A non-maskable interrupt (NMI) in ARM is a hardware interrupt that cannot be ignored or disabled by software. It is typically used to signal critical system errors that require immediate attention from the processor. NMIs have the highest priority among all interrupts in ARM systems.
Overview of Interrupts in ARM
Interrupts allow external events to interrupt normal program execution in a processor like ARM. When an interrupt occurs, the processor halts execution of the current program, saves its state, and runs an interrupt handler routine. After the handler finishes, the processor restores the state and resumes the original program.
There are three main types of interrupts in ARM:
- IRQ – Normal interrupt request generated by peripherals/devices
- FIQ – Fast interrupt request for time critical events
- NMI – Non-maskable interrupt that cannot be ignored
Both IRQ and FIQ can be disabled/masked by setting bits in the CPSR (Current Program Status Register). But NMI is always enabled.
Key Characteristics of NMI
The key characteristics of NMI in ARM are:
- Cannot be ignored – NMIs cannot be disabled or masked by software. The NMI pin is typically connected to critical system circuits.
- Highest priority – NMI has higher priority than any other interrupt. NMIs preempt both IRQ and FIQ.
- Reserved vector – Each NMI has a reserved exception vector. This ensures quick processing without vector arbitration.
- Minimal context saving – Only minimal processor context is stored, allowing fastest possible handling.
- Precise exceptions – NMIs are precise, meaning the instruction causing the NMI is not allowed to complete.
Typical Uses of NMI
Here are some typical uses of NMI in ARM systems:
- Signaling system failures – NMI is used to signal catastrophic failures like memory errors, bus errors, or power failures.
- Debugging – Debuggers can leverage NMI to halt the system immediately.
- Profiling – Using the NMI for accurate profiling and instrumentation of the system.
- Critical interrupts – Hard real-time systems often use NMI for their most critical interrupt routines.
NMI Handling Process
When an NMI occurs in an ARM system, the following sequence of events happens:
- The NMI exception is recognized after completion of the current instruction.
- Processor state is saved to banked registers (R13, R14). Only minimal context is saved.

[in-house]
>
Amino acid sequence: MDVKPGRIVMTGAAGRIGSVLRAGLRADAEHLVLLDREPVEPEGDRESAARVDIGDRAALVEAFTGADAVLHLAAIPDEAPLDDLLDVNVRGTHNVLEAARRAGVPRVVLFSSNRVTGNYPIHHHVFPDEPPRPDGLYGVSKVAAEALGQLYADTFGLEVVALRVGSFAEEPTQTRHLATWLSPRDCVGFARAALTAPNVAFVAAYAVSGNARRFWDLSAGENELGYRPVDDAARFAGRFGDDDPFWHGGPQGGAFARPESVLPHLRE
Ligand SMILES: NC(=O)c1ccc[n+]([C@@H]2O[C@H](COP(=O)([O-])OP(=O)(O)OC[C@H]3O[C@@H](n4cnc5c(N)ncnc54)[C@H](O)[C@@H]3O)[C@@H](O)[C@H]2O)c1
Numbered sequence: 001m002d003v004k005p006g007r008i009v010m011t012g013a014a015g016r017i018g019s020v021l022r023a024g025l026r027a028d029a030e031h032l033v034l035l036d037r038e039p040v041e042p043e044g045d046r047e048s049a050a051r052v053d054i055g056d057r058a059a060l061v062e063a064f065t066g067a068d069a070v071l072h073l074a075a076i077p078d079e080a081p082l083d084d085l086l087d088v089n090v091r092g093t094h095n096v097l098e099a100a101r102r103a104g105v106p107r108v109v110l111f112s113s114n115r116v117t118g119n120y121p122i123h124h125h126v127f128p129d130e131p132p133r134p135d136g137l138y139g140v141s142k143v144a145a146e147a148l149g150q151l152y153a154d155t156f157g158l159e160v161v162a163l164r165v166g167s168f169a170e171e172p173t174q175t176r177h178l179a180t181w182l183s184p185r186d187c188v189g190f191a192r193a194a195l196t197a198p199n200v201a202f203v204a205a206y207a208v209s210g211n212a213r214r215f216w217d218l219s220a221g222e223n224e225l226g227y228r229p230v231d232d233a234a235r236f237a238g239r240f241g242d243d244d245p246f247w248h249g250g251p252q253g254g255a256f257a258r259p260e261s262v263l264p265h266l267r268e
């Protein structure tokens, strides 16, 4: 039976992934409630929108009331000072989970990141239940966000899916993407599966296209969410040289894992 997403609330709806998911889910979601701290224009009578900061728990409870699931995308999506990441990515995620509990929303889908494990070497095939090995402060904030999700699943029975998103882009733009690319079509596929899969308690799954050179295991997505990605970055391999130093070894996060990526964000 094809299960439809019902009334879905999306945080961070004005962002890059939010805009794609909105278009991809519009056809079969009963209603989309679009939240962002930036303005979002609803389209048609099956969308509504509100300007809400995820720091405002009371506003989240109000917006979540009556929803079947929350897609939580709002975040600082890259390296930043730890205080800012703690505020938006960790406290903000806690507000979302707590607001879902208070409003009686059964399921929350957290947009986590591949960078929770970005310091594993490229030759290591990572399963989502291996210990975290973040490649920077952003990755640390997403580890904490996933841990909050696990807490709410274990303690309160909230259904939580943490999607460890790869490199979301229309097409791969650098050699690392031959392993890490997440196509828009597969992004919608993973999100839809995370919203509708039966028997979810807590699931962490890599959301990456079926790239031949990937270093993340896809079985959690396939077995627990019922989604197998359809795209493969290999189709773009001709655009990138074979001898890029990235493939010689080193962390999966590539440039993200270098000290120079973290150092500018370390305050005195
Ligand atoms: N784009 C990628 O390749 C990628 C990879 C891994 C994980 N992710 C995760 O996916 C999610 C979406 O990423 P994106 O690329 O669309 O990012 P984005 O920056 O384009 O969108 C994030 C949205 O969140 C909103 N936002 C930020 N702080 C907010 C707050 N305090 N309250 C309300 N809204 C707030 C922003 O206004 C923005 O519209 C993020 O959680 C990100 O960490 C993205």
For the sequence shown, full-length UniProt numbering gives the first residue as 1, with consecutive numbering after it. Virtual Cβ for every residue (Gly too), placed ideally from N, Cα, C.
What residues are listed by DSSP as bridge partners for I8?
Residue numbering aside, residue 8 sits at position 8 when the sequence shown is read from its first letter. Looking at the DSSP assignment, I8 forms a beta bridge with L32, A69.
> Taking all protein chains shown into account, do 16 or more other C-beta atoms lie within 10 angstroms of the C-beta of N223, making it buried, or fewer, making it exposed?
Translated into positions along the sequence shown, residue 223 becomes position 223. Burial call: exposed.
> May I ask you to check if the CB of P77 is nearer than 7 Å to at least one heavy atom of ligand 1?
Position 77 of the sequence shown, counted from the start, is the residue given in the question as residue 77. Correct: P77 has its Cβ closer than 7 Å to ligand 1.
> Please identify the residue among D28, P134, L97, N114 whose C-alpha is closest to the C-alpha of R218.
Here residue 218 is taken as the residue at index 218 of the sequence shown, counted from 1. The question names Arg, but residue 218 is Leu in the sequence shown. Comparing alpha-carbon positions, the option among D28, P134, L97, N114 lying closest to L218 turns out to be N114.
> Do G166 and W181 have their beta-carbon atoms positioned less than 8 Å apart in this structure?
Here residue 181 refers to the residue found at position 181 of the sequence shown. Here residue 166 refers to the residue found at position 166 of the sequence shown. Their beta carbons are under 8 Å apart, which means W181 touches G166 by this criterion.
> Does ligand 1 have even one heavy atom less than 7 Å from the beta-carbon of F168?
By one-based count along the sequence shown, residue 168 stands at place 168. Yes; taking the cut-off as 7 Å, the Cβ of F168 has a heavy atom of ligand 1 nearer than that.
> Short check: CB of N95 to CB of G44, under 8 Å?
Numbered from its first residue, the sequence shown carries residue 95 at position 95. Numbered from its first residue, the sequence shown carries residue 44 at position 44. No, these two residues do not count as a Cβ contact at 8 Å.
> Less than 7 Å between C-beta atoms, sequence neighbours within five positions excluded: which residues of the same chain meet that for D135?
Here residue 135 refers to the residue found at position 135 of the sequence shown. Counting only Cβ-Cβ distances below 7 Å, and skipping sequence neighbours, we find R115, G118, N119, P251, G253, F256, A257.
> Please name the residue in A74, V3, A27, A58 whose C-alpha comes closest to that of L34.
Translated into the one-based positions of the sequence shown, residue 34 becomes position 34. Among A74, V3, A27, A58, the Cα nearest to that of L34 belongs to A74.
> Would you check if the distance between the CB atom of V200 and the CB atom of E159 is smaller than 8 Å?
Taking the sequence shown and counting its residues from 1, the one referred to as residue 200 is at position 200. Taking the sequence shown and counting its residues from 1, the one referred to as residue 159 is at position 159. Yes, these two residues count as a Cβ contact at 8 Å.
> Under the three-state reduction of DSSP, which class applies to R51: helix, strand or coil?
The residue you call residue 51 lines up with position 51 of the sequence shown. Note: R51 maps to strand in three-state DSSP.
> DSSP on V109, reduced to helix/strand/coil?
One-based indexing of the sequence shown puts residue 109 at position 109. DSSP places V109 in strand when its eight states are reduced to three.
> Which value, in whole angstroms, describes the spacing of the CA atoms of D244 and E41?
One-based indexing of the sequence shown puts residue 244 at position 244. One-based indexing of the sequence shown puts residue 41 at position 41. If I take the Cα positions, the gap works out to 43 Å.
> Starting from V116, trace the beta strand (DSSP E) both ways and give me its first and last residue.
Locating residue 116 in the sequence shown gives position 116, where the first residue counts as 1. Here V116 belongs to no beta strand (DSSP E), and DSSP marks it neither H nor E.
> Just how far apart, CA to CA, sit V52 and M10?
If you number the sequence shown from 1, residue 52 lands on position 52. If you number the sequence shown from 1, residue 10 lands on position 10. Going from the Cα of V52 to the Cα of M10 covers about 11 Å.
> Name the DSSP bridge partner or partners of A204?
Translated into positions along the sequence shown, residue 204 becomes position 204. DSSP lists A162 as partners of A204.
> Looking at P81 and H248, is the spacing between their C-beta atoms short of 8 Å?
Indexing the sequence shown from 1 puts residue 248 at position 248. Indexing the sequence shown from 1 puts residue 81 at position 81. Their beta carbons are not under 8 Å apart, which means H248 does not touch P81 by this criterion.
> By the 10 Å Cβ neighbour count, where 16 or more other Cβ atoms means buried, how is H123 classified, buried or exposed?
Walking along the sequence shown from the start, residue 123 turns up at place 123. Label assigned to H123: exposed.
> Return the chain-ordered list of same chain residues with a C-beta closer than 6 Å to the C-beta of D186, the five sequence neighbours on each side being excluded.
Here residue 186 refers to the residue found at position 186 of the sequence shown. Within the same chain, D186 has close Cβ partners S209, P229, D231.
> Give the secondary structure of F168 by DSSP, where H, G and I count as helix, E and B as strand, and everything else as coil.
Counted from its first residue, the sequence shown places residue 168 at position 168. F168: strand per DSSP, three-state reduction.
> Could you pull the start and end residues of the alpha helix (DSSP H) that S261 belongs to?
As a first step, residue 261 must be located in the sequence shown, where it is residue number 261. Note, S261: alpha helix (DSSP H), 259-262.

- The processor selects the NMI exception vector using the reserved NMI interrupt number.
- Execution begins at the NMI interrupt vector.
- The NMI handler runs to completion. It has unrestricted access to the system.
- The saved banked registers are restored once the handler finishes.
- Processor execution resumes from the point after NMI recognition.
NMI Handler Code
The NMI handler code resides at the NMI exception vector. It should have the following structure:
@ Function name for disassembly NMI_Handler: // Save remaining context if needed // Process NMI source // Clear source if needed // Restore context if changed // Return from exception
The key steps are:
- Save any additional context not already saved by hardware.
- Check source of NMI using system registers.
- Take appropriate action based on NMI source.
- Clear the source if needed, so NMI is not retriggered.
- Restore any context that was modified.
- Execute exception return instruction to resume execution.
Enabling NMI on ARM Cortex-M
On ARM Cortex-M processors, the NMI is enabled by setting the Non-Maskable Interrupt Enable bit in the Program Status Register (PRIMASK).
// Enable NMI __disable_irq(); PRIMASK = 0; __enable_irq();
By default, the PRIMASK bit is set to 1 on reset, so NMI is initially disabled. The NMI enable only lasts for the duration of critical code. PRIMASK should be re-enabled after to block NMIs again.
Responding to NMI on ARM Cortex-A
On ARM Cortex-A series application processors, the Generic Interrupt Controller (GIC) is used to handle interrupts.
To enable the NMI:
// Configure NMI as non-maskable GIC_Write_ICENABLERn(0, 1 << NMI_interrupt); // Set priority GIC_Set_Priority(NMI_interrupt, 0x01);
The NMI handler can read the Interrupt Acknowledge register to determine the source:
NMI_Source = GIC_Read_Interrupt_Acknowledge(); // Take action based on NMI_Source
In summary, NMI is a critical, high priority interrupt in ARM systems that cannot be ignored or disabled by software. It is typically used to handle catastrophic events and system failures. NMI handlers follow a special low-latency process to respond within minimal cycles. Both Cortex-M and Cortex-A series processors provide mechanisms to leverage NMI for time-critical interrupts.